Reposted: 2012 Rav4 EV Review, Part 1

This review was originally published in 2014 on the Transport Evolved website. The review was based on my experiences after driving the all-electric 2012 Rav4 EV for one year.

This review of the Rav4 EV is also intended as a primer for those who are learning about electric vehicles (EVs), those considering the switch from gasoline to electric, and those wondering if driving an EV will fit their lifestyle. The review is broken down into three installments that cover:

Rav4 EV Basics

After driving gasoline and diesel powered cars, trucks, and motorcycles for over 30 years, I bought my first electric car one year ago, a 2012 Toyota Rav4 EV. The Rav4 EV is not a hybrid, it does not have a gasoline powered engine. It’s an electrified version of the Toyota Rav4 in which the gasoline motor, gas tank, muffler, and exhaust pipe have all been removed and replaced with an electric motor, battery, and a bit of electronics. If you haven’t yet driven an electric car, let me say it was a revelation for me. The quiet, smooth ride and instant torque were such a thrill that I felt like a teenager driving for the first time all over again.

First day in our new EV.
Our Rav4 EV getting is first charge at a public charging station. We live in a city that currently has 32 public charging stations, like this one near the Mondavi Center for the Arts. Our children go pretty much everywhere with us. There is plenty of room for car seats and a large storage area in the back.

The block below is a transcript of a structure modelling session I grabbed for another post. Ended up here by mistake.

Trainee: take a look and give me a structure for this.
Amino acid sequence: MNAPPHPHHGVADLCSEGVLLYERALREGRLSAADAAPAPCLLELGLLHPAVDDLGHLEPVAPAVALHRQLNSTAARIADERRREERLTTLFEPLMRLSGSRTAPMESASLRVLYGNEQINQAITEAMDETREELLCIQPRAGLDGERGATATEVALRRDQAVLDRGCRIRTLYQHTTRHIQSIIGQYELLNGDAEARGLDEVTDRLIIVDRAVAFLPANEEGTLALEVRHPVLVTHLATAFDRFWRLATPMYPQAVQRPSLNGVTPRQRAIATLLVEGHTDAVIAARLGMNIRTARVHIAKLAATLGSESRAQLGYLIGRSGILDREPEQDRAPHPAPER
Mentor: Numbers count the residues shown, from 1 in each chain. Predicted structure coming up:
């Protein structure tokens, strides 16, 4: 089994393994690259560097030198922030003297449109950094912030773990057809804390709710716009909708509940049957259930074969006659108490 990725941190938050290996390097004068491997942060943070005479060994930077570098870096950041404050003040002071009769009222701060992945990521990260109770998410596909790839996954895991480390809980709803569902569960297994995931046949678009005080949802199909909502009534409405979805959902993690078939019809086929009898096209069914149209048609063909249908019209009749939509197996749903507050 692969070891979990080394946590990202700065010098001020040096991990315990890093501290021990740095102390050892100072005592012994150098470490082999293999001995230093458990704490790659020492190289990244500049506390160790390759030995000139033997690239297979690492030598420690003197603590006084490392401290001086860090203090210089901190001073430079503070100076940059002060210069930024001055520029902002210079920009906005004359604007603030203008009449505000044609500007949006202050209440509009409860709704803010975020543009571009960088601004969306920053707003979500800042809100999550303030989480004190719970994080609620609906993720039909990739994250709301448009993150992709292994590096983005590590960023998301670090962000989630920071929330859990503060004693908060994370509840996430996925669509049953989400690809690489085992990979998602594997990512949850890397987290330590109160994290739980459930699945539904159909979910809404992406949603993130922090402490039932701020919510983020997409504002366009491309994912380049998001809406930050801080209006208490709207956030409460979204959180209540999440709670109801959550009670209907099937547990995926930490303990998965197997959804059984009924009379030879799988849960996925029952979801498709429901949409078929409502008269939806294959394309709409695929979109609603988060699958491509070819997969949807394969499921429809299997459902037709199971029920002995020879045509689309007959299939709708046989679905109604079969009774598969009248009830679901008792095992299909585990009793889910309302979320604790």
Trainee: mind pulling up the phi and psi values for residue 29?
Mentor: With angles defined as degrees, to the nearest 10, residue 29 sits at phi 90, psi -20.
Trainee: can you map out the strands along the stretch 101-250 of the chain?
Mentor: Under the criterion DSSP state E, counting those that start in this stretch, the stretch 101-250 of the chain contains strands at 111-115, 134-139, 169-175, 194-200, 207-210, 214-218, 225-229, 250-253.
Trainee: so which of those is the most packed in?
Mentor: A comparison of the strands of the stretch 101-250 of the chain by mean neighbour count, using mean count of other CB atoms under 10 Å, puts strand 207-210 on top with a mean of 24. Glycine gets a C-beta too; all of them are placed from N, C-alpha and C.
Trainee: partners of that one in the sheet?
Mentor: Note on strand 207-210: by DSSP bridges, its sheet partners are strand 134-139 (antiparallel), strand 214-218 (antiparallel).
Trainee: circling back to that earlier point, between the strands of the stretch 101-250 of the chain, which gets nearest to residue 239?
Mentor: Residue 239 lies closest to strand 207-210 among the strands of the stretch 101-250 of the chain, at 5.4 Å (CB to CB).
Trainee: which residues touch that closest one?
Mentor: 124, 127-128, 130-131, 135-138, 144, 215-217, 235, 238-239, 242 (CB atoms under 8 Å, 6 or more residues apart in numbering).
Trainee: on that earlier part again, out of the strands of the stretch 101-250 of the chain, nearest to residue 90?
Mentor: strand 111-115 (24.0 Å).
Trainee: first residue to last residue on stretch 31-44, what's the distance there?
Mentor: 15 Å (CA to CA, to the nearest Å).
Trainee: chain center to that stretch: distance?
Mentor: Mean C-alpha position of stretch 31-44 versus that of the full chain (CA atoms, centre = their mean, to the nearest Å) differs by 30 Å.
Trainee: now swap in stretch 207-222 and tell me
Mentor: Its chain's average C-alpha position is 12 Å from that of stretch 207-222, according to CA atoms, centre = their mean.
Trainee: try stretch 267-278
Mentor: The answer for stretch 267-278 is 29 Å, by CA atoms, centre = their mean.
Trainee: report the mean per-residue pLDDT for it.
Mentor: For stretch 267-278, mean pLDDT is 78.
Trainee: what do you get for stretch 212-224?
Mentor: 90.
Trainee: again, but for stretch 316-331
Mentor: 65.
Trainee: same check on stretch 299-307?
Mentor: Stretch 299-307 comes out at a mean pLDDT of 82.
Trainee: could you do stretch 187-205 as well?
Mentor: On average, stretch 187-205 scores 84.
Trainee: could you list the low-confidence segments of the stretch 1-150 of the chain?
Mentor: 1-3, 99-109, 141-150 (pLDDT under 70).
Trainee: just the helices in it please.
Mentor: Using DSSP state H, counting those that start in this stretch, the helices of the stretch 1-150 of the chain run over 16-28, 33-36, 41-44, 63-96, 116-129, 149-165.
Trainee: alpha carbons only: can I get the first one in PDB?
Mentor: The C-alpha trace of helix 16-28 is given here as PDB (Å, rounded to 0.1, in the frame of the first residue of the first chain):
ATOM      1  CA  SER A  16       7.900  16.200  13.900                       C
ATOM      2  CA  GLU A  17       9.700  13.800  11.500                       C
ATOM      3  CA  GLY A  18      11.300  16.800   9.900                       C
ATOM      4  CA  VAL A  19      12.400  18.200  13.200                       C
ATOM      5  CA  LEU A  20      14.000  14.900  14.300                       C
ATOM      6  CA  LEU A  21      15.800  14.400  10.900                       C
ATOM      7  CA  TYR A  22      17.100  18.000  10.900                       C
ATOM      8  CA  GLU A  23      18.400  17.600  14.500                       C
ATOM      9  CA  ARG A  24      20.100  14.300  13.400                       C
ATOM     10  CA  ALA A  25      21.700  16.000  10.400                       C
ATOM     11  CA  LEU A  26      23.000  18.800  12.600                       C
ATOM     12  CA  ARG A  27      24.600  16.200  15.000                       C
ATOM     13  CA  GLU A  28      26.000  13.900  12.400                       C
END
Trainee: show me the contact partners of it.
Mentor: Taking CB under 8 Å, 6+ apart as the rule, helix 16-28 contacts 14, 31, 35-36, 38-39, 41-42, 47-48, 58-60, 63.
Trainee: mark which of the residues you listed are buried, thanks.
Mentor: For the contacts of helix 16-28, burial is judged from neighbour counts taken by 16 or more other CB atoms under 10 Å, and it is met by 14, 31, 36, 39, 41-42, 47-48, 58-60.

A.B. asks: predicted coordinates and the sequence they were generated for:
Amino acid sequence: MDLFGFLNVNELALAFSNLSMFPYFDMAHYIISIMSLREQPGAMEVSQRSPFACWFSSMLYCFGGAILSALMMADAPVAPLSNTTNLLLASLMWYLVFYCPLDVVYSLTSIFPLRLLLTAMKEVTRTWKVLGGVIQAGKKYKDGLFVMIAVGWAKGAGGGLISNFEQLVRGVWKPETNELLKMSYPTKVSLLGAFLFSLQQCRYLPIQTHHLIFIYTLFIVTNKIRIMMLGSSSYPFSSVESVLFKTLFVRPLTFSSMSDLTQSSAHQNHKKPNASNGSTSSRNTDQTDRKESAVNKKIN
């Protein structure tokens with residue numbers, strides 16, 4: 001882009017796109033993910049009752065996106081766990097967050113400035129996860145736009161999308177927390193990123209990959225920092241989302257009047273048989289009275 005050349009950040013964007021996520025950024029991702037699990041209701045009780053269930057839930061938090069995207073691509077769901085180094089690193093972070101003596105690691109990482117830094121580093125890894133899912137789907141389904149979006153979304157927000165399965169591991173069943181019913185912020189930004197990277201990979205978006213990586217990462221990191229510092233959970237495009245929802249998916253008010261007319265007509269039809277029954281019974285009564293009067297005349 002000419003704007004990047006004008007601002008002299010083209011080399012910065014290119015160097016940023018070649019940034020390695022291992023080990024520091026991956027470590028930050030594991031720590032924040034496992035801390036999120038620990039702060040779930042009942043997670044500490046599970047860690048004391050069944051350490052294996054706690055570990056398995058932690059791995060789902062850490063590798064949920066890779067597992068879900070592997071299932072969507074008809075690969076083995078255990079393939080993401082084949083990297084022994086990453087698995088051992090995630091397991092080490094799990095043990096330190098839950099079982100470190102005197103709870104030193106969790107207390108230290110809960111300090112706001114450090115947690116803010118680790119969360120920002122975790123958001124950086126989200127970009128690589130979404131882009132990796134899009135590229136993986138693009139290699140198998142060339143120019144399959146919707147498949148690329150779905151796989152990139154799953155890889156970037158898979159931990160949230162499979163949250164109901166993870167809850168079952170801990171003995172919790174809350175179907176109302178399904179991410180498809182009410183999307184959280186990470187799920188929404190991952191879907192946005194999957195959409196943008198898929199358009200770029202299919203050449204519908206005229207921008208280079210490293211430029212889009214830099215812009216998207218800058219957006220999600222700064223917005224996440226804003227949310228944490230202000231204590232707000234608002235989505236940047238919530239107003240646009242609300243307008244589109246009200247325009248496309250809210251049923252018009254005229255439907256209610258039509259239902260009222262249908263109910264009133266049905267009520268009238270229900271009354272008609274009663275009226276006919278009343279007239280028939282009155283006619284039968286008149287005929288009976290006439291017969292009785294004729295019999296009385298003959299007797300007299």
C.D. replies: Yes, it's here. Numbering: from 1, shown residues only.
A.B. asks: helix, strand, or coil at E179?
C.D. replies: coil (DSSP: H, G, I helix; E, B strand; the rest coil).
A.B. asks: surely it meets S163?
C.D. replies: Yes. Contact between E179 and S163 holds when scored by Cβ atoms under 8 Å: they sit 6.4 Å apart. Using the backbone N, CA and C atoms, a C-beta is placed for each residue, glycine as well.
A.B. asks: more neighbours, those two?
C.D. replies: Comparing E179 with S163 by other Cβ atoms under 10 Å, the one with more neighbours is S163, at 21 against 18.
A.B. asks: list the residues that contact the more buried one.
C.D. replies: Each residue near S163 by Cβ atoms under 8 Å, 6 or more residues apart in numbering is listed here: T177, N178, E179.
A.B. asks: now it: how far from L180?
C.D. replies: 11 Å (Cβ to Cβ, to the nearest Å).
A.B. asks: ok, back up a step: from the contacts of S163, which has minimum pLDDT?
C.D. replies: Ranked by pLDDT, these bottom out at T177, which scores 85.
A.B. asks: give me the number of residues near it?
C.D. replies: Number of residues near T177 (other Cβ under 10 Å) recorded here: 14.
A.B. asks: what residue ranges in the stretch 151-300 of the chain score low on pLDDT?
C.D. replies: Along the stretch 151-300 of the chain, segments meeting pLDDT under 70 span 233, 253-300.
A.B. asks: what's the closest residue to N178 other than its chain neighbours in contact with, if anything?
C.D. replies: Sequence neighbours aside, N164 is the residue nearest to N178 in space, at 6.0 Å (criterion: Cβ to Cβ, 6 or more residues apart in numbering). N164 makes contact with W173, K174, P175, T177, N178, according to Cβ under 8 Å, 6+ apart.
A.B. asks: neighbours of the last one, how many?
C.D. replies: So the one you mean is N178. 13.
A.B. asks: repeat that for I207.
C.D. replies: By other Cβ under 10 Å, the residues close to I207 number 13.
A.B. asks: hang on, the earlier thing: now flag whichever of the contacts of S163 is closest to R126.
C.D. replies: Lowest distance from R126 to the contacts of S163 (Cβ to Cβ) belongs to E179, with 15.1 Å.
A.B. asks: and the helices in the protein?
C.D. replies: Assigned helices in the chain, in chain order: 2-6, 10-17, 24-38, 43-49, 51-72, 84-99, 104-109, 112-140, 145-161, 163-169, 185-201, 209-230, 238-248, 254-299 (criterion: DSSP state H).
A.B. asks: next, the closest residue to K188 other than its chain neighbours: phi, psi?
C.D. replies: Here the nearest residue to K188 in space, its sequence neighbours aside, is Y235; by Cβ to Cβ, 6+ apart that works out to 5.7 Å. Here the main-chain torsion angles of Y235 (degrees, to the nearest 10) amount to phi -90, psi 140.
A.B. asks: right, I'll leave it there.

I grew up in a large family that had Rambler, Rebel, and VW stations wagons. Those cars took us all over town, to school, baseball games, day trips to the Jersey Shore, and summer camping trips. I know station wagons are no longer popular, but to me the electric Rav4 EV is a modern day station wagon. It serves the same purposes for us. We drove over 13,000 miles in the Rav4 EV last year using it for our daily 50 mile round-trip commute, to take the kids to daycare, carting them around to gymnastics, for errands and shopping trips, and camping trips. Every day we strap our two kids into their car seats and off we go. The EV has never let us down.

Day Trips
When I was growing up station wagons took my family everywhere, like this day trip to the Jersey Shore.
  • The 2012 Rav4 EV

The Rav4 EV is roomy and easily seats 5…. not the 9 we somehow fit in the Rebel station wagon on one occasion, but that’s a different story. The Rav’s electric drive train delivers 154 horsepower, and up to 270 ft/lb of torque. This car is a blast to drive – the instant torque and power translate into a respectable 0-60 mph time of 7.0 seconds. The interior of the Rav4 EV is basically the same as most other cars with some notable differences. For example, you press a ‘Power’ button to start the car and hear, well, nothing. EVs make less noise starting up than a desktop computer.